We’re excited to share this update on a project funded through our Challenge for a Healthier Louisiana program. An excerpt is included below. To read the full article, visit http://www.kalb.com/content/news/Network-of-farmers-markets-thrive-in-Cenla-481419141.html
ALEXANDRIA, La. – On most Saturdays and certain weekdays, Central Louisiana residents have the opportunity to buy fresh food, meet with neighbors, and help the economy, thanks to an expanding network of farmers markets throughout the region.
Central Louisiana is home to ten active farmers markets and one mobile farmers market. Six are open year-round while the remaining markets are kicking back up now and over the next few weeks for the new growing season.
“Thriving farmers markets are true assets to their communities. They improve the quality of life for vendors and customers alike,” said Allison Tohme, Farmers Market Program Developer for the Central Louisiana Economic Development Alliance (CLEDA).
With funding from a Healthy Behaviors Program Grant from The Rapides Foundation, CLEDA is working to build a vibrant network of farmers markets throughout the region. In late 2016, the organization created Tohme’s position to lead these efforts, which includes connecting farmers markets with resources that allow them to sell more produce while putting healthy food on the plates of Central Louisiana adults and children. In addition, CLEDA leads the Central Louisiana Farmers Market Development Taskforce, which meets regularly to share challenges and successes, and to receive resources and technical assistance to help markets offer new programs and improve the quality of their operations.
“We work with farmers markets as a way to improve the quality of life in each community and Central Louisiana as a whole,” said Jim Clinton, CLEDA’s President and CEO. “That’s what economic development is all about – creating vibrant communities.”
Farmers markets serve many purposes, such as increasing people’s access to fresh, local food. Most markets are located in town squares or other common areas that are easily accessible. The City of Natchitoches in 2017 introduced a mobile farmers market that travels to two locations each week to bring fresh produce straight into neighborhoods.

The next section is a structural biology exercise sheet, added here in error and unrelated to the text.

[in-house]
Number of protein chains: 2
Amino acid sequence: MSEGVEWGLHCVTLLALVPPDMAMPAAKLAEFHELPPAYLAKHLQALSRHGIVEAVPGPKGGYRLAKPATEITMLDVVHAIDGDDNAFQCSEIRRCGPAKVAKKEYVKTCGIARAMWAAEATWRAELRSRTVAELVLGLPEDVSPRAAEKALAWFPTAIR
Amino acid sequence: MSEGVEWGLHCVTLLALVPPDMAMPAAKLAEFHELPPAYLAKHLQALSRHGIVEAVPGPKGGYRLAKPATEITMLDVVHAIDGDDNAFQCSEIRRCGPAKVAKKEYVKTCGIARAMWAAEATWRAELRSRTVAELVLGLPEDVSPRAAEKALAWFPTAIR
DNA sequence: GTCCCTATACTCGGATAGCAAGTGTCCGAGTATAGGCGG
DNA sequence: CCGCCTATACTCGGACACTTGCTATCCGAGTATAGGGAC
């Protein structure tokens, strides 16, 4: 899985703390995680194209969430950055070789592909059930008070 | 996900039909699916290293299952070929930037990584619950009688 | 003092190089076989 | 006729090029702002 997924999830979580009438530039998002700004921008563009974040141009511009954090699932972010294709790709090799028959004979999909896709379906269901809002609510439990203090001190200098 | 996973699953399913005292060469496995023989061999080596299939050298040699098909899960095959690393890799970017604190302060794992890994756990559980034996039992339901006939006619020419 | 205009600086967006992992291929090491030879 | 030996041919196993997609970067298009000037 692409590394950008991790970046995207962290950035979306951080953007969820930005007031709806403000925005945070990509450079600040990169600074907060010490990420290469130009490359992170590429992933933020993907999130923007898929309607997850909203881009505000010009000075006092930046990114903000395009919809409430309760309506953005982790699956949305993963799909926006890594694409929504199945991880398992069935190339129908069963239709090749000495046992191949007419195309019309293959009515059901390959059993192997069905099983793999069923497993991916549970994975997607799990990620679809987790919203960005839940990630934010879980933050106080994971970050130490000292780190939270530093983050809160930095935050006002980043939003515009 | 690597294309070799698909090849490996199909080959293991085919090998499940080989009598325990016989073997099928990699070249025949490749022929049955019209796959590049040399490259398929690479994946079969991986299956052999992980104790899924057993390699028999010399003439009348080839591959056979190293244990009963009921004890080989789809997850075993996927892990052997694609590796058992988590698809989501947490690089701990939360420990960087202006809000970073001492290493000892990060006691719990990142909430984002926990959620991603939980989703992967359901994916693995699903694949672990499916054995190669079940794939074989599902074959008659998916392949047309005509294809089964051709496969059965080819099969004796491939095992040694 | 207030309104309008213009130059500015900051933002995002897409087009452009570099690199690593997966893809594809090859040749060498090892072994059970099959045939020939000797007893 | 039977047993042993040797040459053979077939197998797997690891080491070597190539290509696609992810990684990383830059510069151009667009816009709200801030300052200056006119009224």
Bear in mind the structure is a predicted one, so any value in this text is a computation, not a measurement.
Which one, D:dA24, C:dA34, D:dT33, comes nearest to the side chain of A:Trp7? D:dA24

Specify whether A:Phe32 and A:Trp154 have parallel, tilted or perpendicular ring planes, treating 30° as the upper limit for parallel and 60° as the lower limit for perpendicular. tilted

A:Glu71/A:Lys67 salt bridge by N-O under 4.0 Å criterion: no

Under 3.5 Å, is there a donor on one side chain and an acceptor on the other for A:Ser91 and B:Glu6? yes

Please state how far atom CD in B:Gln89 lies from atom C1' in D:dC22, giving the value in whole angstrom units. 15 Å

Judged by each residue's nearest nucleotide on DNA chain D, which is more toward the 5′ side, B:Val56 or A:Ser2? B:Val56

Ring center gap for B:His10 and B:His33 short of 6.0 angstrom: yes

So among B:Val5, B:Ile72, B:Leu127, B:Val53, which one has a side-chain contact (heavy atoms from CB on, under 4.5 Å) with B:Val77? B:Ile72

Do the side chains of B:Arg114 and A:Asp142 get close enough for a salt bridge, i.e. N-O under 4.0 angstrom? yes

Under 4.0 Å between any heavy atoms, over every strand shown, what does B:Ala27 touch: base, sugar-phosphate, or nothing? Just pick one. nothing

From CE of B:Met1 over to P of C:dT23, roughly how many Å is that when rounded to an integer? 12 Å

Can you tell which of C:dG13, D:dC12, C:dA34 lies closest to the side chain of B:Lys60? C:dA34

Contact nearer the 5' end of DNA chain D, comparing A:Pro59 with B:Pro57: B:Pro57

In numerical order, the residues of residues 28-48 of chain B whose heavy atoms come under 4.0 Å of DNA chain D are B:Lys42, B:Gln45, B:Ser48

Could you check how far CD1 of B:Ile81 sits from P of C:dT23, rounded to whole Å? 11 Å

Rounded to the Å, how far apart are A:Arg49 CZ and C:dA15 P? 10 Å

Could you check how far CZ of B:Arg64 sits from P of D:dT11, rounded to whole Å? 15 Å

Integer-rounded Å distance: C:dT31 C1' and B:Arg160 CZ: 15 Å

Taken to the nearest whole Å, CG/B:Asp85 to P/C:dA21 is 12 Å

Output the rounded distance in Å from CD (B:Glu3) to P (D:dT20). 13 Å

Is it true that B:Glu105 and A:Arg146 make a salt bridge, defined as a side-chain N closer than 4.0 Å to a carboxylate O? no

Markets also are designed to foster personal relationships and community cohesion. The Olla Town Square Market, for example, is led by volunteers and draws customers from all of LaSalle Parish. It’s not uncommon to see shoppers leisurely visit with friends and farmers while they shop, Tohme said.
In addition, farmers markets serve as incubators for small businesses. “They are ideal outlets for small-scale farmers and ranchers or new businesses to begin selling their products and grow a customer base,” she said.
The Rapides Foundation’s Healthy Behaviors Program Grants fund projects that have a focus on healthy eating, active living, or prevention of tobacco use, substance or alcohol abuse. The Healthy Behaviors Program Grant funding to CLEDA complements work currently being done by the Central Louisiana Local Foods Initiative, a community effort that aims to strengthen Central Louisiana’s local foods economy while increasing access to fresh foods for all residents of the region. The initiative was created in 2012 with a Challenge for a Healthier Louisiana Grant from the Blue Cross and Blue Shield Foundation of Louisiana and matching funding from The Rapides Foundation. The Initiative is currently supported by funding from The Rapides Foundation as well as a philanthropic investment from Keller Enterprises, LLC.